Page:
I wondered why other countries didn't promote service as we did. The answer was that they didn't have a Ruth Stanton to inspire them. Ruth knew the task of every volunteer, kept their spirits high, rewarded them with praise, kept the team spirit going. She devoted all her waking hours to the children she never had herself. She would sponsor the most tremendous tasks from a performance of "Bye Bye Birdie" (Buckle Down Winsock!) straight from Broadway, or a huge fund drive for children suffering from malnutrition, to the tiniest enquiry from a squeaky seven year old about the School Spirit Club. She was indefatigable; she never failed to raise a smile; she never made a critical remark; she was the heart and soul of the school, a Saint of EA. 
Ruth's spirit suffused the whole school. I have never been in a happier place. When I went into the classrooms, as I often did, the teachers were smiling, the children were humming, the whole school was alive. People had told me that American children were brats, they were noisy, they were insolent, they were indulged too much.... Well, they may have been all these when they went to the playground for recess (and why not?) but never in the classroom or the halls or even tumbling out of the front door at 4 o'clock (the crossing guards did a great job here). Our school was the best behaved in the city because our students loved, and were interested and enthralled by, their admirable teachers. They had kindergarten kids lying on the ground and counting insects on a vacant lot next to the school. (How many entomologists began there?) Mr. Pettinati asked a seventh grade math class what was the height of the tallest point in the school? One student guessed 150 feet. Another said she would ask Cassiano, the custodian. "What would the Egyptians we have been studying have done?" said P. Then they recalled the sun's angle and the shadow on the ground, and they were onto Pythagoras and triangulation.... Another happy class I remember fondly was with Miss Switt, a much underrated English teacher, who was badly treated because she was somewhat plump. She was trying to rouse an obtuse 12th grade class to the spell of Coleridge's "Ancient Mariner." Her explanations got the slow handclap. On a sudden, she plucked a sailor's hat from a student, twirled her scarf around her neck, and CLIMBED ONTO THE TABLE. "I'm a very old sailor" she squawked, "and I can cast spells with my glittering eye." She looked daggers at us. "You, you and you think you're going to a wedding, but you're not. Now, get up here and believe, and act as if, you were afraid of being spellbound." She got a standing ovation at the end of the class. What fun we had at E.A. How I wish I could hear all your tales and memories!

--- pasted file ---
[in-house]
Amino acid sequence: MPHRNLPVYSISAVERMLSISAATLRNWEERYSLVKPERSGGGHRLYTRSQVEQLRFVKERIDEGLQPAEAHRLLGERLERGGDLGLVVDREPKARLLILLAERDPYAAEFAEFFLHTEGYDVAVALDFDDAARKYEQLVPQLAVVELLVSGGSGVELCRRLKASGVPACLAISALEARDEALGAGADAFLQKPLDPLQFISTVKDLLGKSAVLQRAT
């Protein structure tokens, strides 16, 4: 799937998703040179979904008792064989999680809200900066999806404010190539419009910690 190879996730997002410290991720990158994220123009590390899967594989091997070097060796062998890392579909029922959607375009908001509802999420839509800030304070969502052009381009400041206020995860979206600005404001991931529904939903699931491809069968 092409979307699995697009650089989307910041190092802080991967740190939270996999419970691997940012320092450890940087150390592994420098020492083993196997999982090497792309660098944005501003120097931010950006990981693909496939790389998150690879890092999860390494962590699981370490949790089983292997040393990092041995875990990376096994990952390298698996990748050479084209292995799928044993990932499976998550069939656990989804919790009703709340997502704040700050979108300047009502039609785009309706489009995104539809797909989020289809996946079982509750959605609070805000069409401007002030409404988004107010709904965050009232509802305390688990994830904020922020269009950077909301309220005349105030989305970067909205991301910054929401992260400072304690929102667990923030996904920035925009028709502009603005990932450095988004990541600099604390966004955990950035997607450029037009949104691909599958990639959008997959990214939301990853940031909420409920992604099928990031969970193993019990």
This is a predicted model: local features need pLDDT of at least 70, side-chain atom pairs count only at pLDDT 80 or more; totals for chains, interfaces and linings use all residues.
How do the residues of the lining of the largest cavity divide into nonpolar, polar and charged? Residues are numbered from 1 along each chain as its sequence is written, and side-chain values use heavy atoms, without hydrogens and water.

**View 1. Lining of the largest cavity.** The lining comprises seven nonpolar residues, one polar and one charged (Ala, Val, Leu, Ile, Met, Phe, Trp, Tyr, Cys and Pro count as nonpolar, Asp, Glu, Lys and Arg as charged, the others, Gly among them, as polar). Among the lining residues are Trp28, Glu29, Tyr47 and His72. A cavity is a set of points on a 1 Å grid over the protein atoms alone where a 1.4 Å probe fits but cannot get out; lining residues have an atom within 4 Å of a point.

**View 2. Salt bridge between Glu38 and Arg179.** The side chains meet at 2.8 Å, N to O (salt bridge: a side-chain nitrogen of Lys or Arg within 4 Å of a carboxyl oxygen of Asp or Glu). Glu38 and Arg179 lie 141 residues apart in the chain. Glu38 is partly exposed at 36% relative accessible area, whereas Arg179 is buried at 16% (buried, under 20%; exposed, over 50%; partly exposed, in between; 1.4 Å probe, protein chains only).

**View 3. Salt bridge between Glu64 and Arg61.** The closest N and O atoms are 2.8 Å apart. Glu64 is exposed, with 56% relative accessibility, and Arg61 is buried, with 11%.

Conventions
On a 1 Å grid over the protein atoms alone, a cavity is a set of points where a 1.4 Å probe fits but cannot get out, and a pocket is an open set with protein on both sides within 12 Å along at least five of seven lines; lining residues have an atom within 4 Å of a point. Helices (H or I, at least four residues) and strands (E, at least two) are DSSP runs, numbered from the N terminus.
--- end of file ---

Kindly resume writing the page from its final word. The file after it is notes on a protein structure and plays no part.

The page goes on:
I can only remember one or two stories (of many) when I had to laugh at myself. One was when I addressed the PTA in my first year and I told them, among other things, that we were to change to the (more rigorous) IOWA achievement tests. I pronounced this IO' WA, and when the tittering subsided, Wayne MacAfee whispered in a loud sotto voice, "Who is she, and what do you owe her?" And I recall when the new building was being built, the quad was covered with bricks, cables, signs. When I arrived one morning, the door of my office was covered with a notice -- "DANGER, HIGH TENSION, 1000 VOLTS." (I kept the sign up.) Then there was the time close to the annual meet with the 
Escola Graduada, when I chose to address the High School on a subject important to their health. "Unfortunately," I said, "the slats on the floor in the locker room of the new building have not yet been delivered. There is a serious threat that you may catch foot rot if there is water on the floor. For your own sakes, I advise you to bring tamancos [wooden-soled clogs] if you have to change in the locker room." Next morning, when I arrived at the school, someone told me there was a solid bloc of students marching down the Avenida, with posters and signs and loud campaign songs. I discovered that these were good-humored chaps from the school. They were singing "Down with foot rot! Up with Cole!" I quickly borrowed some tamancos from Cassiano and joined the parade. (I learnt that "foot rot" was an English term for a disease affecting cattle; I should have said "athletes' foot." Ah, the perils of bilingualism!) 
I enjoyed every minute of E.A. I profited from everyone there -- students, teachers, parents, the Board of Trustees. (I hope some of you may have gained something from me.) I am sorry that I have only now, 40 years on, acknowledged it.

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